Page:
Skeptics often assert that Christianity is a placebo faith, meaning that people believe in it and derive peace from it because it's comforting, not because it's true. I don't think this is true of Christianity because in reality Christians must accept several hard truths:
These things, especially living as a Christian, are hard enough that a mere placebo effect wouldn't be enough to compensate for them. In particular, the comfort derived from believing that oneself is saved and will go to heaven is balanced against concern for one's family and friends.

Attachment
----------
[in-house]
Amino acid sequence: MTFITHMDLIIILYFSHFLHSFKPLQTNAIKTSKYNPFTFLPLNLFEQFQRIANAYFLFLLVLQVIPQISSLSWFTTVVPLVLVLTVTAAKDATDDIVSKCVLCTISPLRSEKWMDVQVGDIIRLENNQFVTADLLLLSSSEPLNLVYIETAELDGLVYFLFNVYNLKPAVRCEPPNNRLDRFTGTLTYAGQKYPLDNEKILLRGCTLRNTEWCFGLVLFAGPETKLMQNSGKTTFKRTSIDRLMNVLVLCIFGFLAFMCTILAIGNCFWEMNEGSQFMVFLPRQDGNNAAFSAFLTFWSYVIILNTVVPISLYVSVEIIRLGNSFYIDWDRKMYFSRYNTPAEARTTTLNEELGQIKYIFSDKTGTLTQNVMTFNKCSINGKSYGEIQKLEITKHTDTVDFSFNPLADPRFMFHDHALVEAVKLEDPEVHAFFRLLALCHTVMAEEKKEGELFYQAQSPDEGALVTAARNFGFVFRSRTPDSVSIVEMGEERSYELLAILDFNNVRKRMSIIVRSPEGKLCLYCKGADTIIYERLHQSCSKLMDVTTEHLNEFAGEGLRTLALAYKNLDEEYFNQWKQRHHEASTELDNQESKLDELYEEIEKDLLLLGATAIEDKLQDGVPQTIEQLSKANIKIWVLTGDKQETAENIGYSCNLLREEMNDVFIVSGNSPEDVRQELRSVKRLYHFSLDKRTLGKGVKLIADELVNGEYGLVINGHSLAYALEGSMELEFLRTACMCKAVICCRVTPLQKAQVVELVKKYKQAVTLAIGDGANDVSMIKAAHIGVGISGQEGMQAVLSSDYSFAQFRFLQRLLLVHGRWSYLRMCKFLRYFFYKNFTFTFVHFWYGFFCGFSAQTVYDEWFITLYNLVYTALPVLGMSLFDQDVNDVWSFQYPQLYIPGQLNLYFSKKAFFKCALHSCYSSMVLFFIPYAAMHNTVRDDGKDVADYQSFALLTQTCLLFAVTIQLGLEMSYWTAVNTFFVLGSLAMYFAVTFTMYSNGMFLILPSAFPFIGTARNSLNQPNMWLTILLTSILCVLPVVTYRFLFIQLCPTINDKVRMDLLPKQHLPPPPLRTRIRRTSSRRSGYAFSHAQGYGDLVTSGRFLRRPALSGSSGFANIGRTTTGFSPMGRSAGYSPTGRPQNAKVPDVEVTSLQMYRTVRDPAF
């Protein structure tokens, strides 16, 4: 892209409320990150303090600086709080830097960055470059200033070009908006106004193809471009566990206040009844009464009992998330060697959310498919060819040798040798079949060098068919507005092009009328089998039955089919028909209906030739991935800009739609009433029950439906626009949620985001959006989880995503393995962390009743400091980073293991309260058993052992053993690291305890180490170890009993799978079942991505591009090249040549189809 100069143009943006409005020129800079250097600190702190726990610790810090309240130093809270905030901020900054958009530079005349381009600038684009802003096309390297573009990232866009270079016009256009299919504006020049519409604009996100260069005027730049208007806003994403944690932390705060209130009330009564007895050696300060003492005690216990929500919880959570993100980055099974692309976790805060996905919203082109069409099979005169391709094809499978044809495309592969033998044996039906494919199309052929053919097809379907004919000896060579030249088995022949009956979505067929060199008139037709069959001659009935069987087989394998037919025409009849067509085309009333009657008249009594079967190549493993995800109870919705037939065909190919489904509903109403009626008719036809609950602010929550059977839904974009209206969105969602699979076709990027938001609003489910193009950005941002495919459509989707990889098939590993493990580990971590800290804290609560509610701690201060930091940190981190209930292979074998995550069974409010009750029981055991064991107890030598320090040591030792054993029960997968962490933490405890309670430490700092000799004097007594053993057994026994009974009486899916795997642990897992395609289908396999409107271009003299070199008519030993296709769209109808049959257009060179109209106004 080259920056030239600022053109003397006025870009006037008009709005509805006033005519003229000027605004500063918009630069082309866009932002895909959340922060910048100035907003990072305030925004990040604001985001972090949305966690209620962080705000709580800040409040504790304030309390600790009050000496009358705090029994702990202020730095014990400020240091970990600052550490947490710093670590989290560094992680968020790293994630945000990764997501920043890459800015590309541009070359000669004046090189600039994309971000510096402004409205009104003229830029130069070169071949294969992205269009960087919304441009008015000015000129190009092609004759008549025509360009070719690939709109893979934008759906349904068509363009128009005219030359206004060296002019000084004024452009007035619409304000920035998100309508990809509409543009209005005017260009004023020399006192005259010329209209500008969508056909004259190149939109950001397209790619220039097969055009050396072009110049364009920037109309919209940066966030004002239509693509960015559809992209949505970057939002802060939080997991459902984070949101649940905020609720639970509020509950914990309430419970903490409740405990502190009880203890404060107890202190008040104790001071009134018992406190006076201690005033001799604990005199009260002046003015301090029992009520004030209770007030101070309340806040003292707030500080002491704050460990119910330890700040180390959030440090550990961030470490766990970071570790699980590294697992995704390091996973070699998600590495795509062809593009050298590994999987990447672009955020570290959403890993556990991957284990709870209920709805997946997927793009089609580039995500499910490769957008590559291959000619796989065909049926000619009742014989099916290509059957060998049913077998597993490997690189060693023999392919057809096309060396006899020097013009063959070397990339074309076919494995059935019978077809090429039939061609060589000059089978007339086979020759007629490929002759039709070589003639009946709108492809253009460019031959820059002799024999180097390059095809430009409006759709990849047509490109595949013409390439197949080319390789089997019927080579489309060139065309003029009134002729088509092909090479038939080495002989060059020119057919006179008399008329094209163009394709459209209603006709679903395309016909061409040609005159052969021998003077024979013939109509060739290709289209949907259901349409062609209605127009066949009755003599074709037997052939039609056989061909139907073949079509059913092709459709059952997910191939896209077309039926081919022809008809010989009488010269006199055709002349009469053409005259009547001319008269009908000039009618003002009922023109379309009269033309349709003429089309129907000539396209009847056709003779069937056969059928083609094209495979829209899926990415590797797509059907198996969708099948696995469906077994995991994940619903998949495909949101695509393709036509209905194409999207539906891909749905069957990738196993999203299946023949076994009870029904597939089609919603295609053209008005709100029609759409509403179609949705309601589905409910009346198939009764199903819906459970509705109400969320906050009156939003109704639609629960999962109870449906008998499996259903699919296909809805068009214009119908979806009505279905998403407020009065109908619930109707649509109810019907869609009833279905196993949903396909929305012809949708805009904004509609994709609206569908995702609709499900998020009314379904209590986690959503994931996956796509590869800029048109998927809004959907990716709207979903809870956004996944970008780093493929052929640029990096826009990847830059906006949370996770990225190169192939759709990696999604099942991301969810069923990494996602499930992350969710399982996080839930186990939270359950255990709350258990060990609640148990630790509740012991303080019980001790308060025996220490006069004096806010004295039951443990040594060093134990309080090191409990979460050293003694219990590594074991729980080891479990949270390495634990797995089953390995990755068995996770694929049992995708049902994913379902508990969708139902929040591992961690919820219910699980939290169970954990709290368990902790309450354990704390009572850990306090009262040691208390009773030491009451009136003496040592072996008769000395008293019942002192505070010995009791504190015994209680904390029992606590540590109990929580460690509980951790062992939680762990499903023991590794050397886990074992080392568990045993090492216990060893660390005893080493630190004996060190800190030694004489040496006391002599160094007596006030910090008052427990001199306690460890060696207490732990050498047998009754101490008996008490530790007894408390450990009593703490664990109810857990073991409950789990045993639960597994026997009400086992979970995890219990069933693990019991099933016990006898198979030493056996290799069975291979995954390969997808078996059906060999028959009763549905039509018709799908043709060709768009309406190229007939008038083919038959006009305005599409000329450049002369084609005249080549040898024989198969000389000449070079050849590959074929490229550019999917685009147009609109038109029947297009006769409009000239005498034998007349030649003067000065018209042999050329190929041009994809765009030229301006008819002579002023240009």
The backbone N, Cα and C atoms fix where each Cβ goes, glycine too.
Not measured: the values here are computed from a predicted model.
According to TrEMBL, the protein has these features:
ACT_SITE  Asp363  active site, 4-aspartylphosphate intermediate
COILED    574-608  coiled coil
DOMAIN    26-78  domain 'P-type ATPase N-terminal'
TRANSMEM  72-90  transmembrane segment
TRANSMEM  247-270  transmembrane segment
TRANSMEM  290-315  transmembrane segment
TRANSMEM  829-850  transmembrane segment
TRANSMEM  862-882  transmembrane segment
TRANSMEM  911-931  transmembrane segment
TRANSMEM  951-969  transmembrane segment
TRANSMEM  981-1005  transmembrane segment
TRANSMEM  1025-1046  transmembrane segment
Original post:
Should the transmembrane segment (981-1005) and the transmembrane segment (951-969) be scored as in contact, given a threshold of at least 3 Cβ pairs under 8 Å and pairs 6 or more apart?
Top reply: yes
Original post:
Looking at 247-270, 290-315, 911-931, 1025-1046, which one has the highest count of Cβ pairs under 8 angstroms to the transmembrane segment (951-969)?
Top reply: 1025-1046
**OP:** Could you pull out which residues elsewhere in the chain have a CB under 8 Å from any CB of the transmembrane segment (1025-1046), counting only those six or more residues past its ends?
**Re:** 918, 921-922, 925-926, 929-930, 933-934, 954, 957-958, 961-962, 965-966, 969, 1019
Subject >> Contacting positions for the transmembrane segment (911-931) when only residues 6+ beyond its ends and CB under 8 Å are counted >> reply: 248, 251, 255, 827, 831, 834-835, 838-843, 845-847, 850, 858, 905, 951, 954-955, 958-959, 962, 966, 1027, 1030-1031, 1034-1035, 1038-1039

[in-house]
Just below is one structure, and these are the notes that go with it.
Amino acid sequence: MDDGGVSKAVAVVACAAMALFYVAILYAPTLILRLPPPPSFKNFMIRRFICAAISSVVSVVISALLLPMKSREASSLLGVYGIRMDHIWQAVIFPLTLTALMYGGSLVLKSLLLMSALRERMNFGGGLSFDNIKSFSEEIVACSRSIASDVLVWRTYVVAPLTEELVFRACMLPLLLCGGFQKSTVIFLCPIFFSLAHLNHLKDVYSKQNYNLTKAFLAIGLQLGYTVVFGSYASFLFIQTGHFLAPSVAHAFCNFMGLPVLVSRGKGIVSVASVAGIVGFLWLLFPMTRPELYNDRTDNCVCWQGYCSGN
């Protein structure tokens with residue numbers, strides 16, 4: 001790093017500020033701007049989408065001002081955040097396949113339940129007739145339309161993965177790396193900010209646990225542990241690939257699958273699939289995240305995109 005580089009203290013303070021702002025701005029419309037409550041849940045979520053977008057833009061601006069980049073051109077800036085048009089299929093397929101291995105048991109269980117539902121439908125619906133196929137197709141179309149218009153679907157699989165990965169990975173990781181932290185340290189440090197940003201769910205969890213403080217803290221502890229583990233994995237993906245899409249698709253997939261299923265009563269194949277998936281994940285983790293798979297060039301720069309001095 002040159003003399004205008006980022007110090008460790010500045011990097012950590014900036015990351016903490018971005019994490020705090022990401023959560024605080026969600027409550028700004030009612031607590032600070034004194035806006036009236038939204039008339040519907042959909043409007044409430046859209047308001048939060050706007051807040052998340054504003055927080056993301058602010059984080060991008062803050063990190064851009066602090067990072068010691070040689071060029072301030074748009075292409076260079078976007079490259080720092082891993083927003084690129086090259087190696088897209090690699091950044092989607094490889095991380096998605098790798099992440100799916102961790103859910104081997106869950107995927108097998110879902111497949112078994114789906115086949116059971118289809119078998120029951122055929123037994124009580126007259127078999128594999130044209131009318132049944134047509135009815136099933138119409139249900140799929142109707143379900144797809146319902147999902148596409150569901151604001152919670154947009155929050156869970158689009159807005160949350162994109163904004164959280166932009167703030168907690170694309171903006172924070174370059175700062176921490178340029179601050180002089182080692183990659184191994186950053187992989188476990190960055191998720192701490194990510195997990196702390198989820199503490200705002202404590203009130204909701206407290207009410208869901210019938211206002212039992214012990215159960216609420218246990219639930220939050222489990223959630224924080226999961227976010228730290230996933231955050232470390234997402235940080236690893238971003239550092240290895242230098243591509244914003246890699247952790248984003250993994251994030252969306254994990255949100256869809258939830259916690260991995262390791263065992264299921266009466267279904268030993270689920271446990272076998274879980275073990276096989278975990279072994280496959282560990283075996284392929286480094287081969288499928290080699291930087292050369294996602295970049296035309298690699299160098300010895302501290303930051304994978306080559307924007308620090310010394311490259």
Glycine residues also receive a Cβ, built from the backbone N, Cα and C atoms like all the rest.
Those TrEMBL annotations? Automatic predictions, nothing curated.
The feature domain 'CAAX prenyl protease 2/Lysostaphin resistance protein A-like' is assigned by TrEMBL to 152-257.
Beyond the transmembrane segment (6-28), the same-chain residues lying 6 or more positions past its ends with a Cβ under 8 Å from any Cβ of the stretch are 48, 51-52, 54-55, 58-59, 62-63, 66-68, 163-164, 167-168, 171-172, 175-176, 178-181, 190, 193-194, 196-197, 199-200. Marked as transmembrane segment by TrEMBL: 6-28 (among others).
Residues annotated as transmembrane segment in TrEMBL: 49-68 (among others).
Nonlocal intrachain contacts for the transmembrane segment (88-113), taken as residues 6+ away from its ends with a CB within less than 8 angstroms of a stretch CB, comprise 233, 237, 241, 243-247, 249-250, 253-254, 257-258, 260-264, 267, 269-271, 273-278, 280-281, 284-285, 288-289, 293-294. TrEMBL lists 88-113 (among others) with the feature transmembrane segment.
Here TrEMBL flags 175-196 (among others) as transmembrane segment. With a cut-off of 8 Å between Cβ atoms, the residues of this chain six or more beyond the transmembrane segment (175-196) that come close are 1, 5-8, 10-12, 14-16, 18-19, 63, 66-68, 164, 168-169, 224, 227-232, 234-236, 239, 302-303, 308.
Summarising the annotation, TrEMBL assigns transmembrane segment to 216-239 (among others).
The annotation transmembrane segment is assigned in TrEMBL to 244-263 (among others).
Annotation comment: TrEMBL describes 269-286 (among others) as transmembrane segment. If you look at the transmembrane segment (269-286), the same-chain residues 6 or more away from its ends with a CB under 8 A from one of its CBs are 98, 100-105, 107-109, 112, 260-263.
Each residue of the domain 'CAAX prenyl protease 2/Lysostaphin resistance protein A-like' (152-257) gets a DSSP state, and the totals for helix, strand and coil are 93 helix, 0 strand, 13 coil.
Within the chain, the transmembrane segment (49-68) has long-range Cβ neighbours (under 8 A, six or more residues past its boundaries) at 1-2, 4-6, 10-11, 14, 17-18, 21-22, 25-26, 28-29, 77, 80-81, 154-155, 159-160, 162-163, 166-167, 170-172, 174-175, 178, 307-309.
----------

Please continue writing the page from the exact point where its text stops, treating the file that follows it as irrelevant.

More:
This is not to say that Christians don't derive comfort and joy from knowing God, for we do. But that comfort and joy comes about supernaturally, from the Holy Spirit, even in circumstances when the Christian doesn't expect it. Personally, I don't think my own faith is a placebo because that doesn't adequately explain my experiences with God, including the changes God has brought about in my attitudes and priorities and the answers to prayer I've received; it also doesn't explain the complete transformations other people I know have experienced as Christians.
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